M. Allen Greenbaum
Recommended for all, and a must for anybody with a love of Jazz.
Paul Harris

Most Helpful Customer Reviews

39 of 44 people found the following review helpful By M. Allen Greenbaum HALL OF FAMEVINE VOICE on May 5, 2000
Format: Hardcover
Picture this: "Onstage at Birdland, eyes shut, one arm hanging at his side....trumpet raised to his lips like a brandy bottle--not playing the horn but swigging from it, sipping it."
Geoff Dyer's employs his exquisite imagery as a starting point for his "imaginative criticism" of the celebrated and tragic lives of several iconic jazz musicians (including figures such as Chet Baker, Lester Young, Thelonious Monk, Ben Webster, Charles Mingus, and Bud Powell). While photographs are the inspiration, Dyer's writing is so precise and sensual that he need only describe the photographs (the book has only one small photo). And this is just right for a book about music, his writing is so lyrical that we almost hear the sounds while reading. (In fact. the least effective aspect of the book is the Duke Ellington "road trip" that introduces each chapter, perhaps because the narrative is not connected to any particular Ellington sound.)
Many of the scenes and dialogue (especially the inner dialogue) are necessarily fictions, "assume that what's here has been invented or altered rather than quoted." But Dyer's explains that while his version may veer from the truth, "it keeps faith with the improvisational prerogatives of the form." He mixes truth and fiction into portraits that illuminate what strictly factual history cannot always convey. (Think of Robert Graves' in his WWI memoir/fiction "Goodbye to All That."). Dyer explains that while a photo depicts only a "split second," its "felt duration" may include the unseen moments before and after that split second.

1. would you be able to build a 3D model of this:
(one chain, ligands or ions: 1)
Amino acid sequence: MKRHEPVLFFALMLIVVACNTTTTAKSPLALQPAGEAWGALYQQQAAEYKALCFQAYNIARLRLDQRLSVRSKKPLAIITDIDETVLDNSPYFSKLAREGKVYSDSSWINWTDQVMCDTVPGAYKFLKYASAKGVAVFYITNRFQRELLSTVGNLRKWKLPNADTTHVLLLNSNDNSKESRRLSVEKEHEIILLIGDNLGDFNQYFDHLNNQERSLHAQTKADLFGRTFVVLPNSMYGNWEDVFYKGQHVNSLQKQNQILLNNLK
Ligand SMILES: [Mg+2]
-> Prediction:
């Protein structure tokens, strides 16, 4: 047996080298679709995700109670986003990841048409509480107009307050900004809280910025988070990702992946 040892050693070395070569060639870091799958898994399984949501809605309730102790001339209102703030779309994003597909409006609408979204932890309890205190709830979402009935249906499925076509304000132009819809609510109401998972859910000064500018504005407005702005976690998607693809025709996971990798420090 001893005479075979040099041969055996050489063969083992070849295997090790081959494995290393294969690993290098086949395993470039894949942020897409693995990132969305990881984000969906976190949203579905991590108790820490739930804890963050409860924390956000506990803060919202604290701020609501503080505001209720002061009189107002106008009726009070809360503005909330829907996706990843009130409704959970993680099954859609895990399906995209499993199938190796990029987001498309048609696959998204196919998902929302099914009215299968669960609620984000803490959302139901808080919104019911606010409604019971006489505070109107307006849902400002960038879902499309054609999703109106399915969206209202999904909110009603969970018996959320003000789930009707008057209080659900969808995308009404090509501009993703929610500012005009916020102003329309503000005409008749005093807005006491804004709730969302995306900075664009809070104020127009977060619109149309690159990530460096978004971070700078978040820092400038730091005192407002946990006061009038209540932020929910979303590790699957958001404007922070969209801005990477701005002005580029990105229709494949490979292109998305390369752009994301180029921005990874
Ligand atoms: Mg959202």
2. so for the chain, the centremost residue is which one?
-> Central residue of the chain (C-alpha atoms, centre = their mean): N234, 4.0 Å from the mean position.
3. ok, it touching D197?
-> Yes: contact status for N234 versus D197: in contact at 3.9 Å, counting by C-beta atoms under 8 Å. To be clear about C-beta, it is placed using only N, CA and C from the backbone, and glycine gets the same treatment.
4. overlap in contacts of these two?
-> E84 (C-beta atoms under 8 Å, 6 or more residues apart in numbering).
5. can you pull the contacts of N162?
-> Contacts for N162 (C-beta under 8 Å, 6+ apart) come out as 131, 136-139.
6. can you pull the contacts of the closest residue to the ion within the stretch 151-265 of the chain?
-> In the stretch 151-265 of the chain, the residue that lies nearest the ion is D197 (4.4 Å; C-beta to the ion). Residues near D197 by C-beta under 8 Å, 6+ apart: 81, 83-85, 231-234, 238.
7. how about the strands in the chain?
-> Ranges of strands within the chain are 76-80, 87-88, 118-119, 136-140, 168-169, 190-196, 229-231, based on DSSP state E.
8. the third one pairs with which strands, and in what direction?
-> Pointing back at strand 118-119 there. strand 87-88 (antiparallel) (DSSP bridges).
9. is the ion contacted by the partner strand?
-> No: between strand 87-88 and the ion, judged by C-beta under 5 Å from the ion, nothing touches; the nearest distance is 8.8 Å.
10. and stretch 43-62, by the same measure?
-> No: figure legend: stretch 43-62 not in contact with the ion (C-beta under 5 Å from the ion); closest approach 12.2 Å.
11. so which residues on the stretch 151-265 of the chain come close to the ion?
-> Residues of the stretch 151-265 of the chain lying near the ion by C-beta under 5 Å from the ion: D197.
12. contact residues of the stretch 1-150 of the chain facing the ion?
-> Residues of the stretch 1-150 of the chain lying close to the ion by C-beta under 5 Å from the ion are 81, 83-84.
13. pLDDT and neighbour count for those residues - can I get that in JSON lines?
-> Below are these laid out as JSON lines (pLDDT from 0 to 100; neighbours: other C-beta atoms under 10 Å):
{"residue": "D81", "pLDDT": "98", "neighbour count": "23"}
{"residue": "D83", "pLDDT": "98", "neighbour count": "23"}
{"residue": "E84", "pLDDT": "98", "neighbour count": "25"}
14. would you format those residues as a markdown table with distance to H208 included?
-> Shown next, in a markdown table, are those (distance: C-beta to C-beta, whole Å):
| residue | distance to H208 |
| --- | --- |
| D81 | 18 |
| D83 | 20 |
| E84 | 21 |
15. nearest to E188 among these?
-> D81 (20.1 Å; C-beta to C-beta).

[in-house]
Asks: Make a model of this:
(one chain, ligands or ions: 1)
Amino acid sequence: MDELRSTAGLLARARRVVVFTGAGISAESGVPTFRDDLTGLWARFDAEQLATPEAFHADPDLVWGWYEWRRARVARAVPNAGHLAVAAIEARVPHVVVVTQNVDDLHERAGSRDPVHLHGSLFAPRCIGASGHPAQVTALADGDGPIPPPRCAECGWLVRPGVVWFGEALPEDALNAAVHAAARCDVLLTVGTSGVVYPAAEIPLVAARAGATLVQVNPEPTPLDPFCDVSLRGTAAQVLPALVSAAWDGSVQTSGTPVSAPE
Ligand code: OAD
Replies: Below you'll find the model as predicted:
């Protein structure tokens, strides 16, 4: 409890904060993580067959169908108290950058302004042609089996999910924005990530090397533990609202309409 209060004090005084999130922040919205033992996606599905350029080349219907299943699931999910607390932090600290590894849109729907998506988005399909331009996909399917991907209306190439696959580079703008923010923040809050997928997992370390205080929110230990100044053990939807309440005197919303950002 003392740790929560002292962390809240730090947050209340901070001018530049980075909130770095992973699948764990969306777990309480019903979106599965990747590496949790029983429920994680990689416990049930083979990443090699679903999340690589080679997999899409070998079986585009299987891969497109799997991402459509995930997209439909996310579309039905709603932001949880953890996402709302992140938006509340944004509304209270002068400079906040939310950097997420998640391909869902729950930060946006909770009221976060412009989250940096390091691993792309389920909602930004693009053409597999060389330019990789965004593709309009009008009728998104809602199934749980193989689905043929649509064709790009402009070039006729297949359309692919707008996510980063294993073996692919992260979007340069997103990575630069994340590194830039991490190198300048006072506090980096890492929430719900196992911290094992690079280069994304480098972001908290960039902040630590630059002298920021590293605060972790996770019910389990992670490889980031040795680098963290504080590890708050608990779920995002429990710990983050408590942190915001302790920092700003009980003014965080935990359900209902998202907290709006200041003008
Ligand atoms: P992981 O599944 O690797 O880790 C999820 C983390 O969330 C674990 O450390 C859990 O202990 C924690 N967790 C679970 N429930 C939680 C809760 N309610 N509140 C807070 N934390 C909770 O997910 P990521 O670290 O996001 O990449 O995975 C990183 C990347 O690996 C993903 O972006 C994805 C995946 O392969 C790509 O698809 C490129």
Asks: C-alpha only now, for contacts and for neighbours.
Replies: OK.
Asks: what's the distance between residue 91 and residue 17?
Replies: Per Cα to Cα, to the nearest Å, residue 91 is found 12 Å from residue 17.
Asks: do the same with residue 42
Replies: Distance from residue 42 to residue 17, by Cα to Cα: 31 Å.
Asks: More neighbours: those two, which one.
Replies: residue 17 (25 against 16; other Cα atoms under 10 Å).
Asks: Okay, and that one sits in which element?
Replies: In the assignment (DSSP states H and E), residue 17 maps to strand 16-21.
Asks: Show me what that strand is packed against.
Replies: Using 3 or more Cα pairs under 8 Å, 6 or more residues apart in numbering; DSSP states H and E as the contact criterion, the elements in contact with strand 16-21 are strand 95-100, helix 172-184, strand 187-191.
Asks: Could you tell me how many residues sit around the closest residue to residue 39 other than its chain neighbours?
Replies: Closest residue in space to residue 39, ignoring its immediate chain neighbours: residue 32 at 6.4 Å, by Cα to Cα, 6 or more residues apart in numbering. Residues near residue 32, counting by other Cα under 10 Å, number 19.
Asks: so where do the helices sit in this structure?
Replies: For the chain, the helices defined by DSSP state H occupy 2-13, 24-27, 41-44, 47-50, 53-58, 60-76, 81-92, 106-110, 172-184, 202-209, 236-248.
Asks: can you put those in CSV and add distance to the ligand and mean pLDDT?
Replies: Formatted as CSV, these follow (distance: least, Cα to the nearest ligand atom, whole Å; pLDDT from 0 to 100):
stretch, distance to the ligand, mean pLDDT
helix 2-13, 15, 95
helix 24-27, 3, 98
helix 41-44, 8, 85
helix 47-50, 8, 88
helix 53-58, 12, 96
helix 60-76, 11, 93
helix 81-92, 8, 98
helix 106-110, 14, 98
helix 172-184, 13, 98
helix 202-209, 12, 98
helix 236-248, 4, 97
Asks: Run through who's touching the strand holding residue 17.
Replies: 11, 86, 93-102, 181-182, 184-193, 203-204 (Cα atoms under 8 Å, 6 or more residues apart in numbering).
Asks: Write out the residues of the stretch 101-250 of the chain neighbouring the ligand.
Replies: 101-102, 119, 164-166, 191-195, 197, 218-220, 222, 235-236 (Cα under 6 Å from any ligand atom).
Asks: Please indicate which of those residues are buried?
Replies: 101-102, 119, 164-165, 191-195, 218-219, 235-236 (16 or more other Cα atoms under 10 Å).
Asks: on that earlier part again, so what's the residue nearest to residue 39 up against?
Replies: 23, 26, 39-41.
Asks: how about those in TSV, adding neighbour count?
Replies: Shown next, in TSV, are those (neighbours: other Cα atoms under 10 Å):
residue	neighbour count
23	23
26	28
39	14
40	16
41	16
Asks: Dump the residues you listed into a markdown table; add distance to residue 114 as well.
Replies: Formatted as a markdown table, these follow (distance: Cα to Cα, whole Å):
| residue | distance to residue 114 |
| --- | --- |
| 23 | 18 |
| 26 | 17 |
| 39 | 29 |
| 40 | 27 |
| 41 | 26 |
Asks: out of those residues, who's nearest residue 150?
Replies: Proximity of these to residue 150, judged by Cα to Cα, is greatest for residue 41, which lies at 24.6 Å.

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20 of 22 people found the following review helpful By Samuel Chell HALL OF FAMETOP 500 REVIEWERVINE VOICE on June 15, 2002
Format: Paperback Verified Purchase
This work, along with James Baldwin's short story, "Sonny's Blues," is as good as any I've read about the jazz life, its creators and innovators, and the high cost of such terrible beauty. I had the advantage of being present while Lester was lost on stage in an alcoholic stupor; Monk was dancing around the piano, knocking over cymbals, rather than playing the instrument; Chet Baker, unable to stand, was expending his last breaths on "The Thrill Is Gone"; and Duke was waiting for Harry Carney to swing by with the car to chauffeur him through the wintry night from Kenosha, Wisconsin to Kansas City. But how a young writer like Dyer managed to capture these moments before his time, freezing them unforgettably in a literary living moment, I can't imagine.